I have often pointed to Argentina as an example of what could happen to the United States. The two countries have similar early histories, emerging from colonial status to independence and becoming the economic engines of the western hemisphere.
At the height of the industrial revolution the economies of the USA and Argentina flourished. Before World War II the two young nations competed for foreign investment, building strong infrastructures and well-educated middle classes. Buenos Aires challenged New York City’s status as the gem of the West.
And then their destinies parted ways.
The United States maintained a firm grip on its constitution, perfecting its free-market, laissez-faire economic environment. It established its bona fides as a leader in world affairs, defending democracy and human rights. Argentina, meanwhile, set off on a series of socio-political experiments based on heavy-handed and, ultimately, fascist government rule. Argentina’s people relinquished their rights to the government, resulting in economic devastation and the “disappearance” of thousands of political activists.
Last November Mauricio Macri replaced socialist Cristina Kirchner as president of Argentina, promising to return his homeland to the free-market western world. He immediately renounced the nation’s alliances with failed dictatorships like Iran and Venezuela, embracing the United States and Europe. He settled Argentina’s large outstanding debt to a group of US hedge-fund investors which had destroyed the country’s ability to attract outside investment. He established working relationships with Argentina’s state governors and other federal officials, including his opponents. He eliminated crony utility subsidies, cut export taxes, and dropped currency support, allowing the Argentine peso to float.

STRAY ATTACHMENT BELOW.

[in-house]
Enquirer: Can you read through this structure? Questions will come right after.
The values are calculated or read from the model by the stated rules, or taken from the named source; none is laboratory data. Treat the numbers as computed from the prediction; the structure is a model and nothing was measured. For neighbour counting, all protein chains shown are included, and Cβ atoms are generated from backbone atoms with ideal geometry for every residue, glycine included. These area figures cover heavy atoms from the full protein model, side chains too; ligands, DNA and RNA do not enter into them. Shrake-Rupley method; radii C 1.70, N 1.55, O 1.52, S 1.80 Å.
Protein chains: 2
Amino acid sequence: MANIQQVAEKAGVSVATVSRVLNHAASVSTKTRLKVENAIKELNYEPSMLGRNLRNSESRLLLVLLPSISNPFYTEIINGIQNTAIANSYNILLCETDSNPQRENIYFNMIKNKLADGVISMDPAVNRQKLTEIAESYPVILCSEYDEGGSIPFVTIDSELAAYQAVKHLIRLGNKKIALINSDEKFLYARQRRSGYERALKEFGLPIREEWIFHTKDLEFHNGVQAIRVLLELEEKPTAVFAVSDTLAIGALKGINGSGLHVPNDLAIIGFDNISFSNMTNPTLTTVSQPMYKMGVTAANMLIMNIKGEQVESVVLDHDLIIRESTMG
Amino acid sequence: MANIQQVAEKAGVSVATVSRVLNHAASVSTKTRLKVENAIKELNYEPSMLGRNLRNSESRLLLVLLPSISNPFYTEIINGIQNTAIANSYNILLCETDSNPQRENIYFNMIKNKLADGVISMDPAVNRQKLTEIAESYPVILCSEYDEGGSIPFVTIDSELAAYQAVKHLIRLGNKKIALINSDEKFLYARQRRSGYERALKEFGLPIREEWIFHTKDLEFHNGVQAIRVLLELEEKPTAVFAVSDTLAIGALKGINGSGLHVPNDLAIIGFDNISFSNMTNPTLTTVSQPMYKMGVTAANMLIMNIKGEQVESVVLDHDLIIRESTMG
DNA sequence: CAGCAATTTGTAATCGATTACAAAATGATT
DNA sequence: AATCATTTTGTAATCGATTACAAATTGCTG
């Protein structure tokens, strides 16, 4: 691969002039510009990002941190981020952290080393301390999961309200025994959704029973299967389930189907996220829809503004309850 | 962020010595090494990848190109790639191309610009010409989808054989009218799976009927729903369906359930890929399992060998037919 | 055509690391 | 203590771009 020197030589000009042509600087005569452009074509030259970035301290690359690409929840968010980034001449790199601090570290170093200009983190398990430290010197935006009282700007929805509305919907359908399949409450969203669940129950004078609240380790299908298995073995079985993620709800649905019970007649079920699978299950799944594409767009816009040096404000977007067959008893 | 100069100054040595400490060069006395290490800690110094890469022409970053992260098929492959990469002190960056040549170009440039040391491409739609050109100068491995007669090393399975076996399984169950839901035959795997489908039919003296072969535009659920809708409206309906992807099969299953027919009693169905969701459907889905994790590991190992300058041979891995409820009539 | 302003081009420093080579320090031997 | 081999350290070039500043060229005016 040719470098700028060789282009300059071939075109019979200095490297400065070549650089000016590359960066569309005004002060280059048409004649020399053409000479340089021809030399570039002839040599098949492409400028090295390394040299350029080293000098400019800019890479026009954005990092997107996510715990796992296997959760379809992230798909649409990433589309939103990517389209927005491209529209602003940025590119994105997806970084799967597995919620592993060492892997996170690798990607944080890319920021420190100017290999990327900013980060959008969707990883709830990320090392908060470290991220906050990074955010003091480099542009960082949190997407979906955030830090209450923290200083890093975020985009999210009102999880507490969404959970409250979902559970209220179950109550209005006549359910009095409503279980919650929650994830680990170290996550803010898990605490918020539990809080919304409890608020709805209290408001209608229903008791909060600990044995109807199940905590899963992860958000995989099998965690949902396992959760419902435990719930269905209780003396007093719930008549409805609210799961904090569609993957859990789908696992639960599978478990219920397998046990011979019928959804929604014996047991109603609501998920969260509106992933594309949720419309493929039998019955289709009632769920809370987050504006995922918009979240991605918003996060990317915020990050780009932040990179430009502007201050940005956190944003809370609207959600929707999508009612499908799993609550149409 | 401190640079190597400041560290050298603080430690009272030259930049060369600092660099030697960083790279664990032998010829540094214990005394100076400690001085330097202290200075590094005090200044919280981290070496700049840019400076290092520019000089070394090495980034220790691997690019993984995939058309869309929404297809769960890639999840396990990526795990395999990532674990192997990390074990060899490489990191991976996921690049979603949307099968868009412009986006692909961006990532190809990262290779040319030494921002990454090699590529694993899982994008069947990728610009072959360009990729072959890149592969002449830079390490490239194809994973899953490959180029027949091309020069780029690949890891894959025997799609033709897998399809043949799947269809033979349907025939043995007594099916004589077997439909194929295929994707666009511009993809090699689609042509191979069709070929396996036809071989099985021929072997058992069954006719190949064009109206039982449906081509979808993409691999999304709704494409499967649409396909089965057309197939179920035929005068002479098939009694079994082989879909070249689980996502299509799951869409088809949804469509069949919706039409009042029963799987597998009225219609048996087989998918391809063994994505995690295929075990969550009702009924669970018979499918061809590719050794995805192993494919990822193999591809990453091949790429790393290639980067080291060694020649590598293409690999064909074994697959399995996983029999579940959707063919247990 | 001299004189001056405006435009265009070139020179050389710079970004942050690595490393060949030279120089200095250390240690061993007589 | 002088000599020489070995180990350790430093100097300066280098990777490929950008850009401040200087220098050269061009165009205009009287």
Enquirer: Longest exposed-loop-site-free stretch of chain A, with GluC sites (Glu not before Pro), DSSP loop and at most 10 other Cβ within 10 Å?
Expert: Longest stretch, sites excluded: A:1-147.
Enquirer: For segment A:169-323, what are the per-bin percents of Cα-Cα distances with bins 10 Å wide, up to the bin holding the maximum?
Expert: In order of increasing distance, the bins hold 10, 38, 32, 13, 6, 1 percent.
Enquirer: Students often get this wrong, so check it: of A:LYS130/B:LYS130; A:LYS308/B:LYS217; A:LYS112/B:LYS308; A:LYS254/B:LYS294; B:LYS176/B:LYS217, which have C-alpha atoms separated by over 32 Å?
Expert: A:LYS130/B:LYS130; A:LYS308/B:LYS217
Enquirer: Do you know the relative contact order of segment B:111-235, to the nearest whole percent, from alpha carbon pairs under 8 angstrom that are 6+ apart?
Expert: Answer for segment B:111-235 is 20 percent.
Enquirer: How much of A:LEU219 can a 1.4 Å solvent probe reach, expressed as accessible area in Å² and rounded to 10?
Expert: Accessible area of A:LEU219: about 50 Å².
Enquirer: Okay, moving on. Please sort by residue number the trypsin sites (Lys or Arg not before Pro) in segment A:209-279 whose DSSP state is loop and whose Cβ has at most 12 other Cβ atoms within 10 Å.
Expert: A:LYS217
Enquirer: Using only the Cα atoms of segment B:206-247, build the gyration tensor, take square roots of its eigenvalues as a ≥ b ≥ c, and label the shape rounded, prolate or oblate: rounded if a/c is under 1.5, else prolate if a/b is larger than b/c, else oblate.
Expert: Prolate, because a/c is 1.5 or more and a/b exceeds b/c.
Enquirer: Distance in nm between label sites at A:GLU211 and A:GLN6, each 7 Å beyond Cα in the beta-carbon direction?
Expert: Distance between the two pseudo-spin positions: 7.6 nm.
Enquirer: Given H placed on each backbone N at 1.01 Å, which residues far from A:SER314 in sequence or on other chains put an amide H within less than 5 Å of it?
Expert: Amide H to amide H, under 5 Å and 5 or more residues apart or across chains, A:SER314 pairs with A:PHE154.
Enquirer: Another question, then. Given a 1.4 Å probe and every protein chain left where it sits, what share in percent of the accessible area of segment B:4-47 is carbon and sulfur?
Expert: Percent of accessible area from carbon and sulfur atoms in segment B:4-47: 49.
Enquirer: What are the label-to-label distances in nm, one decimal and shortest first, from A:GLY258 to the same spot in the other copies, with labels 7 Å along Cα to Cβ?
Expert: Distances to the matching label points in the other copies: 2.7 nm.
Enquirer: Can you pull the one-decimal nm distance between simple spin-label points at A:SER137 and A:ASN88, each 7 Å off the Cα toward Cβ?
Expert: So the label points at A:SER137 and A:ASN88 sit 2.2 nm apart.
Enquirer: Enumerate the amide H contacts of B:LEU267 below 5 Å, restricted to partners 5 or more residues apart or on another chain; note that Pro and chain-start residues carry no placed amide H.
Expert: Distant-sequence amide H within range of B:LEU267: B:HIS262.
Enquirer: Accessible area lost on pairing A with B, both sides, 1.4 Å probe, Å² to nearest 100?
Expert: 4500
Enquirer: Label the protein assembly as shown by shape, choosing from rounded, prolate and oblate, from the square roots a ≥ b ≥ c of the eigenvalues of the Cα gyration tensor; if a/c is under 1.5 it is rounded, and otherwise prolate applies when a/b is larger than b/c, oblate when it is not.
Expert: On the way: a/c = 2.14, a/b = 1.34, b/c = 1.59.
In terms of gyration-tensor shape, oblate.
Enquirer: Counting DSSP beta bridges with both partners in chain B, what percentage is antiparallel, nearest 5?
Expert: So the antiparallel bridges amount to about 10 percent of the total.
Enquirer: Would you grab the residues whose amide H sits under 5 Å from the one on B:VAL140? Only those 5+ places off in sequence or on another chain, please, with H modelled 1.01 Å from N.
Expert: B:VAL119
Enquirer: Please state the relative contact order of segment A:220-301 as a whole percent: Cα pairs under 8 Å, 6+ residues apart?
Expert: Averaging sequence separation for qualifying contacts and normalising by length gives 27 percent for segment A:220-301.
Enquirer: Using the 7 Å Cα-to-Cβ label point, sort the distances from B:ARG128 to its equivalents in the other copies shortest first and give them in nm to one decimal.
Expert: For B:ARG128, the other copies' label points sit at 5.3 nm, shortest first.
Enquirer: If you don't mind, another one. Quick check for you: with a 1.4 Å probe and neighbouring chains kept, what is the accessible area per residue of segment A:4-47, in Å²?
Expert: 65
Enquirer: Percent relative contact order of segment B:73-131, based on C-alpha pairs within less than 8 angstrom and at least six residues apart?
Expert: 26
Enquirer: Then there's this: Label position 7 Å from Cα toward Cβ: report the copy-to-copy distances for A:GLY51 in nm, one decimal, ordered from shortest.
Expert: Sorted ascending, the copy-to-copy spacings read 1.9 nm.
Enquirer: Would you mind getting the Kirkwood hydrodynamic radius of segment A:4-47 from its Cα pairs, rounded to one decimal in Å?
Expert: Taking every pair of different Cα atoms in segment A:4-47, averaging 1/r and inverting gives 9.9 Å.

President Macri is a man on a mission, and in a hurry. While he still enjoys public support, Argentines are in a hurry too, and are beginning to express impatience as they endure symptoms of the new austerity and economic adjustments.
In a strange twist, President Obama will meet Macri this week, following his friendly visit to communist Cuba. Obama has shown an affection for the very despots that Macri, and Argentina, are rejecting. “I’d vote for you, and you for me,” Obama beamed at Venezuelan dictator Hugo Chavez a few years ago. The US president warmly hosted newly-elected Canadian president Justin Trudeau, a socialist who vows to take his country in the opposite direction chosen by Argentina.
US presidential candidate Hillary Clinton promises to continue the leftward drift established by President Obama. Her primary opponent, Bernie Sanders, would make that a leftward lurch. Our media and schools glorify socialism, demanding more central control and vilifying those who would preserve individual rights.
Will the United States move to the left or the right? Will we follow Canada, our recently-prosperous neighbor to the north, down the proven-to-fail socialist path? Or will we take the hint from Argentina, our wised-up southern friend, and return to the tried-and-true free-market, small government model?
Tom Balek – Rockin’ On the Right Side
You move it to the left, yeah
You go for yourself
You move it to the right
Yeah if it takes all night
The Harlem Shuffle – Rolling Stones
Here’s Mick, strutting his stuff. I just finished reading the bio “Jagger” by Marc Spitz, and was surprised to learn that he was a prized pupil at the London School of Economics, having received a full-ride scholarship. He quit to become a rebel blues singer, but was promised his scholarship would wait for him if his new career choice didn’t work out. We are all glad it did!